Dog owners enjoy higher levels of social activity, study shows
Research links dog ownership to better physical health in middle-aged and older adults
People who walk their dog at least three times a week show higher levels of social activity and closer social relationships than those who walk their dogs less frequently, a new study has revealed. File Photograph: Cyril Byrne
People who walk their dog at least three times a week* show higher levels of social activity and closer social relationships than those who walk their dogs less frequently, a new study has revealed.
The research links dog ownership to better physical health in middle-aged and older adults.
Almost half of adults aged 50 years and over in Ireland own a pet, with dogs being most common.
The report, from the Irish Longitudinal Study on Ageing (TILDA) in Trinity College Dublin, also highlights that dog owners are also more likely to report high levels of physical activity.
Dog owners are more likely to achieve the recommended walking target of 150 minutes per week and to have higher hand grip strength and faster mobility.
Other findings include that although female dog owners are more likely to be current smokers; those who walk their dog regularly have lower BMI based on self-reported height and weight compared to non-regular dog walkers.
The report also states that pet owners who report that their reason for having a pet is because they love animals have a higher sense of purpose in life.
Lead author Dr Orna Donoghue said: Dog owners report higher levels of physical activity compared to non-dog owners. However, regular dog walking appears to be an important mechanism through which dog owners attain higher levels of active social participation and more close social relationships.”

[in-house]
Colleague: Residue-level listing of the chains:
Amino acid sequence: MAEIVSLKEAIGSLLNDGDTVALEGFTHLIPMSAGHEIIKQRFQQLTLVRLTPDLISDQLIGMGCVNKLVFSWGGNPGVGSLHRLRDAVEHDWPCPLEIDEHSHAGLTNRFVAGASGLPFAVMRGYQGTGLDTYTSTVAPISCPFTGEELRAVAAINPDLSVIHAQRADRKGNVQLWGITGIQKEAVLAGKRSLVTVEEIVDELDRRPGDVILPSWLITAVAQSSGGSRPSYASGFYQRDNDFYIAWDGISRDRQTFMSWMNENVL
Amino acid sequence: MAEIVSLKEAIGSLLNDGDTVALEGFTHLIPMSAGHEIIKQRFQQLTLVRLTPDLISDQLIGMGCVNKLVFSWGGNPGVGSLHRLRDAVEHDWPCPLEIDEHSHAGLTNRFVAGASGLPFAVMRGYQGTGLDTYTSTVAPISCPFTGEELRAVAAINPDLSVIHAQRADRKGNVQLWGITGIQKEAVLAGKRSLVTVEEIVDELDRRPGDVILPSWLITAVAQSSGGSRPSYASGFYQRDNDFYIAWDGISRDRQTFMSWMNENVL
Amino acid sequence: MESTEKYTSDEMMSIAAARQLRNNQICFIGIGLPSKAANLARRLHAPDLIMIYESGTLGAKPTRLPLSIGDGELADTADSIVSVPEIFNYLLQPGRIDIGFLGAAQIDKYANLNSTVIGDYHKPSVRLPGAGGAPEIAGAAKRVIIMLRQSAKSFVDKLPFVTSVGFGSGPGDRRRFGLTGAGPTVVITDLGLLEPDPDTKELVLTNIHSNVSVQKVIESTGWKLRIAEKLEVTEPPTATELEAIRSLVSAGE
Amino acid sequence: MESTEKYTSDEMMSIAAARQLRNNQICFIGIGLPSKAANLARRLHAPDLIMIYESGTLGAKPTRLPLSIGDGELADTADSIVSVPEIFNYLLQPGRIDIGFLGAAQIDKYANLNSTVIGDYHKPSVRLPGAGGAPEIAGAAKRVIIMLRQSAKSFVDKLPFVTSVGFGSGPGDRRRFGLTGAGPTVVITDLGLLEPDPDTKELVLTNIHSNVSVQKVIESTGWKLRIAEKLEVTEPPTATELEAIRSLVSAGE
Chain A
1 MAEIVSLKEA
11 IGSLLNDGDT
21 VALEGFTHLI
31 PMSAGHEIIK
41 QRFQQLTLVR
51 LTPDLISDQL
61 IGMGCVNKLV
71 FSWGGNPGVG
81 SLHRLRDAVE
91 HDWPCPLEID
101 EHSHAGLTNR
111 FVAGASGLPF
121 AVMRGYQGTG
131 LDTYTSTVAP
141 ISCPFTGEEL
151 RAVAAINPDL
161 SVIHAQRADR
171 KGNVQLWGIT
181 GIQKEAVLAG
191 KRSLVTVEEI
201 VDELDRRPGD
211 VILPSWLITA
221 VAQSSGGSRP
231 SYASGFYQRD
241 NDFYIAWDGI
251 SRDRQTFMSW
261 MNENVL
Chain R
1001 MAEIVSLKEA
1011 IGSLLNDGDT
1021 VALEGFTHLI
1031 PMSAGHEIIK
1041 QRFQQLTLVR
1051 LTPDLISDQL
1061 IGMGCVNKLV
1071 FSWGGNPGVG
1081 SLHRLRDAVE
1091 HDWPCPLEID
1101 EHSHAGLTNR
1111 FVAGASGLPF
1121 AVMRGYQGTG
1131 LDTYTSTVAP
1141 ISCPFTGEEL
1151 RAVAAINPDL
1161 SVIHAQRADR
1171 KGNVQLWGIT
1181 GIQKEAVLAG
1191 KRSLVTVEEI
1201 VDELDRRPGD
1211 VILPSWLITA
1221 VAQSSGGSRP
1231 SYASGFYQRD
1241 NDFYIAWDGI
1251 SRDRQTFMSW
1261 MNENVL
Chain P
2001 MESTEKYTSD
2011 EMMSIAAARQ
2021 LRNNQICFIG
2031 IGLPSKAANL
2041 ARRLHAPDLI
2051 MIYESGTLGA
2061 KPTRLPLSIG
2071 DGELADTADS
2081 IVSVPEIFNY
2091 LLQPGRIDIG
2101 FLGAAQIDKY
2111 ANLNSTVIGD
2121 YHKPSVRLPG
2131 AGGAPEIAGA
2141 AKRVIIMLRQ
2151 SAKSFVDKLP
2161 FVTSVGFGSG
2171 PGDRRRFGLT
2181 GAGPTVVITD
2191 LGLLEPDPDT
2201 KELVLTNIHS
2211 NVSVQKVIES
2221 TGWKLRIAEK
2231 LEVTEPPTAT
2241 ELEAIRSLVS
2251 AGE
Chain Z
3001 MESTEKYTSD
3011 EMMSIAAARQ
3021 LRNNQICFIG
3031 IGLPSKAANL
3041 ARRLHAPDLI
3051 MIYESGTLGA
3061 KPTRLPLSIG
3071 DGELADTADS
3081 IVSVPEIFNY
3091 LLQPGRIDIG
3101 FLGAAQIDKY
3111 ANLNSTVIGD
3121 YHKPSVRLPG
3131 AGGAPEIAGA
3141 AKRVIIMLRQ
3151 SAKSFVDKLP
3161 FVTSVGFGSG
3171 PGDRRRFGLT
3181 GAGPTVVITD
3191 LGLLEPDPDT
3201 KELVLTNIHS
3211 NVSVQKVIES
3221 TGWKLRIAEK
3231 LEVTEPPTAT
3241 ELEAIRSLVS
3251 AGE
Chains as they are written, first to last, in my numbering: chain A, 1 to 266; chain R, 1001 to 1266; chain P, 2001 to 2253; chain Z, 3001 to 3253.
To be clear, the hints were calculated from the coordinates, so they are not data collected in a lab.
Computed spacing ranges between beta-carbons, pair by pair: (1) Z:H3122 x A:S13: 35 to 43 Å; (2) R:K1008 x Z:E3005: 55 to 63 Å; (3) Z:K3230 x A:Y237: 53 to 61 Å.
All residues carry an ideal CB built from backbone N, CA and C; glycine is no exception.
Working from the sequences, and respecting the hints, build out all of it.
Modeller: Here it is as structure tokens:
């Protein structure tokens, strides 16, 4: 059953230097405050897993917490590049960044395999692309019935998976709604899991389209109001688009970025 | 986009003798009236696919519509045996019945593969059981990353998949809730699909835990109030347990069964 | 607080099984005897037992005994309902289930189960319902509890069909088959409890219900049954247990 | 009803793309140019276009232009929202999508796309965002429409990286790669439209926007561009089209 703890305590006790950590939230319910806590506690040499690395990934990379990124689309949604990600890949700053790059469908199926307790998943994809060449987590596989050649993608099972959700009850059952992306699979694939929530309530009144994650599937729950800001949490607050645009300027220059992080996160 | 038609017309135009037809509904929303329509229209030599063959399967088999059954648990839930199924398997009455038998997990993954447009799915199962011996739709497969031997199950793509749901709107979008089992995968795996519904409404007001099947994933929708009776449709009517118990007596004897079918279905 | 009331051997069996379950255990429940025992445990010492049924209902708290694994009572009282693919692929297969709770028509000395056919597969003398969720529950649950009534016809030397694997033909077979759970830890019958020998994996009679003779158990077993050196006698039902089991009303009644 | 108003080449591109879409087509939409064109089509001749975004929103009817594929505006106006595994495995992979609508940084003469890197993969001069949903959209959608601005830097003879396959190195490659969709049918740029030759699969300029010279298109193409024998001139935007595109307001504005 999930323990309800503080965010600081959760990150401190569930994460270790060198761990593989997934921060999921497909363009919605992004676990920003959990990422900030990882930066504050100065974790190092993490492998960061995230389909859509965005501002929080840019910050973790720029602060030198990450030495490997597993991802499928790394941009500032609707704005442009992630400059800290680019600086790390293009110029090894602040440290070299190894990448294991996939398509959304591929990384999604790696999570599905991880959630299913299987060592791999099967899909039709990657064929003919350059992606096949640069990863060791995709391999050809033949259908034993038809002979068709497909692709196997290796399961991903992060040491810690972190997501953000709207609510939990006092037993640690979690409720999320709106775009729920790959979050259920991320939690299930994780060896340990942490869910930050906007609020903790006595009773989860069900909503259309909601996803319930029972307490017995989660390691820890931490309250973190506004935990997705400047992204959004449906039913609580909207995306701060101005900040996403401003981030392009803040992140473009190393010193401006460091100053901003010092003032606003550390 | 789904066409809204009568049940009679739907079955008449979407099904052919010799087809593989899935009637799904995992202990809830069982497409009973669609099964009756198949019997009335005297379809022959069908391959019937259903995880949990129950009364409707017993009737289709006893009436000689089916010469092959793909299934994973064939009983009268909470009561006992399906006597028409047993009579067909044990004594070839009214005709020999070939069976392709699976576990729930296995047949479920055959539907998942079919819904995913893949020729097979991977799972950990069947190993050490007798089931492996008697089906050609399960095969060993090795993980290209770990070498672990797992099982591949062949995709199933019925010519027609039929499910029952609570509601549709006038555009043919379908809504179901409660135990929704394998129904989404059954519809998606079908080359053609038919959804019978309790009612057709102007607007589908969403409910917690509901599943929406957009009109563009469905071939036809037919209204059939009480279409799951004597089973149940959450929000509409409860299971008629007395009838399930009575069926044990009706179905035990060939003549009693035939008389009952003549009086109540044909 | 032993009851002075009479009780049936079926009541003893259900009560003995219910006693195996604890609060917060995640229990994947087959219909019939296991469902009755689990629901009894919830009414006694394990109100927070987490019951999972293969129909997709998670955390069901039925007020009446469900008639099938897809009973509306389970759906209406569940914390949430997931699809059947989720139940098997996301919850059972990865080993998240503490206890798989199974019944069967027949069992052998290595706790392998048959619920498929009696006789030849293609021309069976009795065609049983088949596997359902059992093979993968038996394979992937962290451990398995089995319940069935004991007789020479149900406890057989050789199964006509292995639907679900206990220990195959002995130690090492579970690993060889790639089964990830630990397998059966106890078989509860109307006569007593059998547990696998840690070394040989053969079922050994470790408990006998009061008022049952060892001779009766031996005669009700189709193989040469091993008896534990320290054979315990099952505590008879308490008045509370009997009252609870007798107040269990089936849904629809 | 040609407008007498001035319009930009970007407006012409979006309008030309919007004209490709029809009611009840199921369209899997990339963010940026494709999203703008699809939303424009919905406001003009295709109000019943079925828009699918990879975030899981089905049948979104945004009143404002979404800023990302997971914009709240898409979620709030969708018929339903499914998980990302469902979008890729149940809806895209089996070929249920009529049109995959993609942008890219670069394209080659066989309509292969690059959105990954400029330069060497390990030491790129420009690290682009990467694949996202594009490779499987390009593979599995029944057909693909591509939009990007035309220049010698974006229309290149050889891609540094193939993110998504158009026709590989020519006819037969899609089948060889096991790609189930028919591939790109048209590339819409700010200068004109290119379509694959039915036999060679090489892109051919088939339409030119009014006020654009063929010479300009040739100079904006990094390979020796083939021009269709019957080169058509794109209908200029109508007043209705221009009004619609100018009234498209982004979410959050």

“Given the high prevalence of dog ownership, the strong bond and attachment between dogs and their owners and the physical activity requirements to promote dog health, dog walking may represent a useful strategy to improve physical, social and mental health outcomes in older dog owners.”
Principal Investigator of TILDA, Professor Rose Anne Kenny says as people get older circumstances can change and they may not be able to keep a pet.
“To maintain wellbeing in older adults and to support independent ageing at home, it will be important to consider the potential benefits of exposure to and interaction with pets and consequently, innovative ways which facilitate older adults to keep pets for as long as they wish to do so.
“This is especially pertinent given the current changing population demographics in Ireland; with increased life expectancy, we should address initiatives that increase opportunities for active and healthy ageing.”
Possible opportunities to increase exposure and interactions with pets without the added responsibility of full-time ownership include volunteering at local animal shelters, providing “daycare” for dogs whose owners are at work during the day, dog visiting programmes for older adults living at home, dogs accompanying home care professionals, or resident dogs or other animals in nursing homes.
* This article was amended on August 27th, 2019